In this section, we will briefly summarize the instruments and their corresponding measurements, as well as the methods of calculating CREs, at the ARM ENA site during the studying period, July 2015–September 2019, because these instruments and measurements are almost identical to those in Dong et al. (2006, 2010, 2014). Nearly the same instruments and observations at the ARM SGP and NSA sites, as well as the methods of calculating CREs, have been described comprehensively in Dong et al. (2006, 2010). Note that all data used in this study are temporally collocated at a 5-min resolution.

The ARM laser ceilometer and micropulse lidar (MPL) measurements are used to derive the cloud-base heights (Hbase) with uncertainties of ∼10 m (Morris 2016) and ∼30 m (Widener et al. 2012), respectively. The Ka-band ARM zenith radar (KAZR) measurements are used to derive the cloud-top heights (Htop) with an uncertainty of 30 m (Wu et al. 2020). Cloud fraction derived from the ARM point upward-looking radar–lidar (narrow field of view) pair of measurements should be treated differently from the satellite-derived CF, as discussed in Xi et al. (2010). It is the percentage of returns that are cloudy within a specified sampling time period (e.g., hour and month). That is, the CF is simply calculated by the ratio of the number of 5-min samples when both the radar and the lidar/ceilometer detected clouds to the total number of samples when all measurements were available (lidar/ceilometer and radar measurements, downwelling and upwelling SW and LW fluxes) at given time period. The monthly CF is therefore obtained with consideration of the diurnal cycles of CF during that month. There are a total of 33 473 h of all-sky samples, which is 90.7% of all possible data during 4-yr period, hence securing the samples to be representative enough that the mean values of both seasonal and diurnal variations are self-consistent. The total cloud fraction (CFT) and single-layered CFs are defined in Dong et al. (2006, 2010), and the detailed cloud type classification method is described in Xi et al. (2010). The term CFT is the fraction of time when a cloud is detected anywhere in the vertical column, and the single-layered low cloud fraction (CFL) is the fraction of time when low clouds (Htop < 3 km) occur without clouds above them, while the high cloud amount (CFH) is determined for clouds having Hbase higher than 6 km with no clouds underneath.

The clear-sky and cloudy precipitable water vapor (PWV) and cloudy LWP are retrieved from the microwave radiometer brightness temperatures measured at 23.8 and 31.4 GHz using a statistical retrieval method with an uncertainty of ∼10% (Liljegren et al. 2001). The cloud optical depth (COD) is retrieved from the multifilter rotating shadowband radiometer (MFRSR) measurements at a wavelength of 415 nm for single-layered clouds only (Turner et al. 2021). Note that the single-layered low-cloud CODs retrieved from MFRSR (listed later in Table 4) are similar to the results calculated from the parameterizations in Dong et al. (1998) as presented in Dong and Minnis (2022).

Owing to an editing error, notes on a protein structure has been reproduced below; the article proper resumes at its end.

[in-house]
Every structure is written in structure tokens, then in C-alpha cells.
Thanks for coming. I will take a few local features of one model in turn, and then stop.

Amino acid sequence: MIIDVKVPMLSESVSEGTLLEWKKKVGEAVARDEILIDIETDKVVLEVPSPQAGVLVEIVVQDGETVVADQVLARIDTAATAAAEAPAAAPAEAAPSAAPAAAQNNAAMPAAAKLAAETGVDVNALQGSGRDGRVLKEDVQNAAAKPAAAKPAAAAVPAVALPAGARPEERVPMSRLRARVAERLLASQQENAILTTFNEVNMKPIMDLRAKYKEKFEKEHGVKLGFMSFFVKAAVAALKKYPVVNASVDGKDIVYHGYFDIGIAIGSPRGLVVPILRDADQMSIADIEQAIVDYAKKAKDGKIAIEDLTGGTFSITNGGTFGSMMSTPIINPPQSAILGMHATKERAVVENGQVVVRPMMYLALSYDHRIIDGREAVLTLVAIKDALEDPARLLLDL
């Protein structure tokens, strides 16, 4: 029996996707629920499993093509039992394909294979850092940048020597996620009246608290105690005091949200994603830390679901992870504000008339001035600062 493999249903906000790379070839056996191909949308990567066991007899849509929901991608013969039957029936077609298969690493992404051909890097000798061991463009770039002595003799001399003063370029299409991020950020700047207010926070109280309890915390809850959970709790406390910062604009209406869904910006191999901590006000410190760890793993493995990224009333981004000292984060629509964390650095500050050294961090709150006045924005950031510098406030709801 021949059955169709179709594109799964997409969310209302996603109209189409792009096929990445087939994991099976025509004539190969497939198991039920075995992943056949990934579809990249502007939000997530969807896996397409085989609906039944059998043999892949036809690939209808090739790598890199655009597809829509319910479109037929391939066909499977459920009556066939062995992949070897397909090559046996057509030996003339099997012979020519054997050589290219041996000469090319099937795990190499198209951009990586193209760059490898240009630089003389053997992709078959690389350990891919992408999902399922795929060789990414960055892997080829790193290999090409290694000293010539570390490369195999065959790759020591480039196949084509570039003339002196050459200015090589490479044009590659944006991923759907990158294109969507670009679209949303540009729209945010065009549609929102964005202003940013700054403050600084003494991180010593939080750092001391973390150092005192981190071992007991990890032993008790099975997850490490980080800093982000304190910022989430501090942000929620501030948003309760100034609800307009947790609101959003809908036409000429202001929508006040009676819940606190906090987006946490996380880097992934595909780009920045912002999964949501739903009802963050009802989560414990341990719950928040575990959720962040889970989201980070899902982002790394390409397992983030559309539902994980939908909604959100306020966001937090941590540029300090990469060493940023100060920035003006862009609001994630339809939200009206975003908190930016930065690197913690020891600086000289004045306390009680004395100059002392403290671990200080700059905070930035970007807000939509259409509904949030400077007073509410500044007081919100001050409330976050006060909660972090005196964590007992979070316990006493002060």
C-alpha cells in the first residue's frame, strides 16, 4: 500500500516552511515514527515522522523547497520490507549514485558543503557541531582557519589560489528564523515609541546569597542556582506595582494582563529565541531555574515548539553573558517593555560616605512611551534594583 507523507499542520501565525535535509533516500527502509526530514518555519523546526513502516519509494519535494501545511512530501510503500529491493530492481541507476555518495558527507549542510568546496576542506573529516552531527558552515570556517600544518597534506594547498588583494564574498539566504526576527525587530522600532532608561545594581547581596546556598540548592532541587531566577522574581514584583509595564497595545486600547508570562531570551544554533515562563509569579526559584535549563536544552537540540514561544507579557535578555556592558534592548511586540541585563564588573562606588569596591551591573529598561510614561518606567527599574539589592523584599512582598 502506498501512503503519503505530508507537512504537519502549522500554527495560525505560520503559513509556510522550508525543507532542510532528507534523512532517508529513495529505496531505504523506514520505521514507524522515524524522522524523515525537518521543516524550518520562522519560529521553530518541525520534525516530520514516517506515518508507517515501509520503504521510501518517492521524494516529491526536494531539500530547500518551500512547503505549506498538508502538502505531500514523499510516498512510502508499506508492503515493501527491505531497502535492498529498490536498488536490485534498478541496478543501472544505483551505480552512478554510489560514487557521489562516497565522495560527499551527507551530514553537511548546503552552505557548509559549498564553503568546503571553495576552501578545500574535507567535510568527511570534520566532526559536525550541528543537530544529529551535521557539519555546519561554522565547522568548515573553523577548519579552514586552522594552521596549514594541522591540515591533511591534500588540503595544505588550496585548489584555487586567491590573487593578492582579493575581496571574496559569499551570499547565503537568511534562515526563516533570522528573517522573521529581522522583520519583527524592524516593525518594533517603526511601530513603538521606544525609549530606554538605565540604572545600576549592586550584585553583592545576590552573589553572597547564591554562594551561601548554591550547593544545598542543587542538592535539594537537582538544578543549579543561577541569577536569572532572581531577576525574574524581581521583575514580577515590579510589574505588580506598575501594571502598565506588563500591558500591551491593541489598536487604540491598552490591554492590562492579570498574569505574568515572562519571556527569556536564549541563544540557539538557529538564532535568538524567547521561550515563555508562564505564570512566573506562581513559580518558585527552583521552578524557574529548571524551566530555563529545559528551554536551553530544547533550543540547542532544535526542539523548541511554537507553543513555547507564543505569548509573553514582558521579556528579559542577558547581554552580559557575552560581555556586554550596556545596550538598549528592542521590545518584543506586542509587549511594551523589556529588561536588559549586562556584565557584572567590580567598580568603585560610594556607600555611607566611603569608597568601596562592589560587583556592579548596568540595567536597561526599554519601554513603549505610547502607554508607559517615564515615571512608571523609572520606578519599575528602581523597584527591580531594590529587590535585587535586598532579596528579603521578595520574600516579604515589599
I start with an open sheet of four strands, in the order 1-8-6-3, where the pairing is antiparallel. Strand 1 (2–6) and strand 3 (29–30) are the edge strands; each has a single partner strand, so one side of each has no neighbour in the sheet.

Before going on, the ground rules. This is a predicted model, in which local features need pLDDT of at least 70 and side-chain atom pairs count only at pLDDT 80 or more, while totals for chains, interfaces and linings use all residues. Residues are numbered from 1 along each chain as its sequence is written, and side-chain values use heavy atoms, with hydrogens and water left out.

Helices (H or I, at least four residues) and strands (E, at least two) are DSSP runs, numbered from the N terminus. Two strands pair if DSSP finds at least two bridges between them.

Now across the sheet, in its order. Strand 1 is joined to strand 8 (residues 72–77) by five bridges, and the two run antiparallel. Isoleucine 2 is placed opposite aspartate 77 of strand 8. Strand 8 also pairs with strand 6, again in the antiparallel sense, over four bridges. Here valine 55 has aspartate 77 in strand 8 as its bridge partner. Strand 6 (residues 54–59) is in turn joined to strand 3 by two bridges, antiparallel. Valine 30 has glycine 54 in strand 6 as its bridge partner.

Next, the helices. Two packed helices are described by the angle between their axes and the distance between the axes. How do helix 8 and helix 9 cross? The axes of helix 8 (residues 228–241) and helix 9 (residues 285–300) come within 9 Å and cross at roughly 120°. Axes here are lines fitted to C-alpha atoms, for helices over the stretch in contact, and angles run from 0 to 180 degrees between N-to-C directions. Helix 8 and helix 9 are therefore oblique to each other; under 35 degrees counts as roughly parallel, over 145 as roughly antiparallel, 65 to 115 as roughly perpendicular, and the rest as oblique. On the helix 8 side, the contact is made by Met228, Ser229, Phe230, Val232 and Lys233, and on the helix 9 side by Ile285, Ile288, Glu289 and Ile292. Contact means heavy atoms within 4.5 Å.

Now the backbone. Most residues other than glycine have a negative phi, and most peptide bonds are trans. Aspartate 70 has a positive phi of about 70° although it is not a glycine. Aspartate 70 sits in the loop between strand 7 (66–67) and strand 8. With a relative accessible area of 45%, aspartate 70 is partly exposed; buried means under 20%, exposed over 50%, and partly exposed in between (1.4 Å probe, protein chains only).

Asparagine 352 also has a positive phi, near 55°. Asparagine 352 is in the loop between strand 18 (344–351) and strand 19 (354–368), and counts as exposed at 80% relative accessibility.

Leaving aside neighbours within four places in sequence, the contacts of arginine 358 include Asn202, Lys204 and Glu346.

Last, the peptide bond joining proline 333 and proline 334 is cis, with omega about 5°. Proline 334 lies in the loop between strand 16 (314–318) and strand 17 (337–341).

At the ARM ENA site, the downwelling and upwelling broadband shortwave (SW; 0.3–3 μm) and longwave (LW; 4–50 μm) fluxes at the surface were measured by the up- and down-looking standard Eppley precision spectral pyranometers (PSPs) and precision infrared pyrgeometers (PIRs), respectively. In this study, the SW and LW fluxes are obtained from the ARM Radiative Flux Analysis (RADFLUX) value-added product, which uses multiple instruments as input (Riihimaki et al. 2019, 2021). The typical calibration uncertainties of PSP and PIR are 3% and 2%, respectively (Andreas et al. 2018), or ∼10 and 4 W m−2 for SW and LW fluxes, respectively (Long and Shi 2008). The clear-sky SW fluxes are estimated using the approach of Long and Ackerman (2000) and are available in the RADFLUX product.

The method of calculating the cloud radiative effect was described in the studies of Ramanathan et al. (1989), Dong et al. (2006, 2010). The SW CRE (CRESW) and LW CRE (CRELW) at the surface are defined in Eqs. (1a) and (1b). They are calculated by the difference between the net surface fluxes (down minus up) when clouds are present (Q1 and F1) and when clouds are absent (Q0 and F0, CF = 0) as follows:
CRESW=Q1Q0 and
CRELW=F1F0
respectively. Note that Q0 and F0 are the same under clear sky in all CRE calculations, whereas Q1 and F1 will be calculated under all sky, total cloud, low clouds, and high clouds. The methods to calculate monthly and hourly mean fluxes and CREs were thoroughly described in Dong et al. (2006, 2010), and their CRE uncertainties were also discussed (equivalent to or less than their flux uncertainties).

In addition to the ARM ground-based measurements over the ENA site, the fifth-generation European Centre for Medium-Range Weather Forecasts (ECMWF) atmospheric reanalysis of the global climate (ERA5; hourly resolution) has been used to obtain the oceanic surface albedo and sea surface temperature (SST) surrounding the ENA site under all-sky conditions. The ERA5 data are averaged over a grid box of 0.56° × 0.56° centered at the ENA site. The oceanic SW albedo is used to calculate the oceanic surface upwelling SW flux with the ARM PSP measured downwelling SW flux, and the SST is used to calculate the oceanic surface upwelling LW flux based on the Stefan–Boltzmann law (oceanic surface is assumed as blackbody).

3. Results and discussion

a. Monthly variations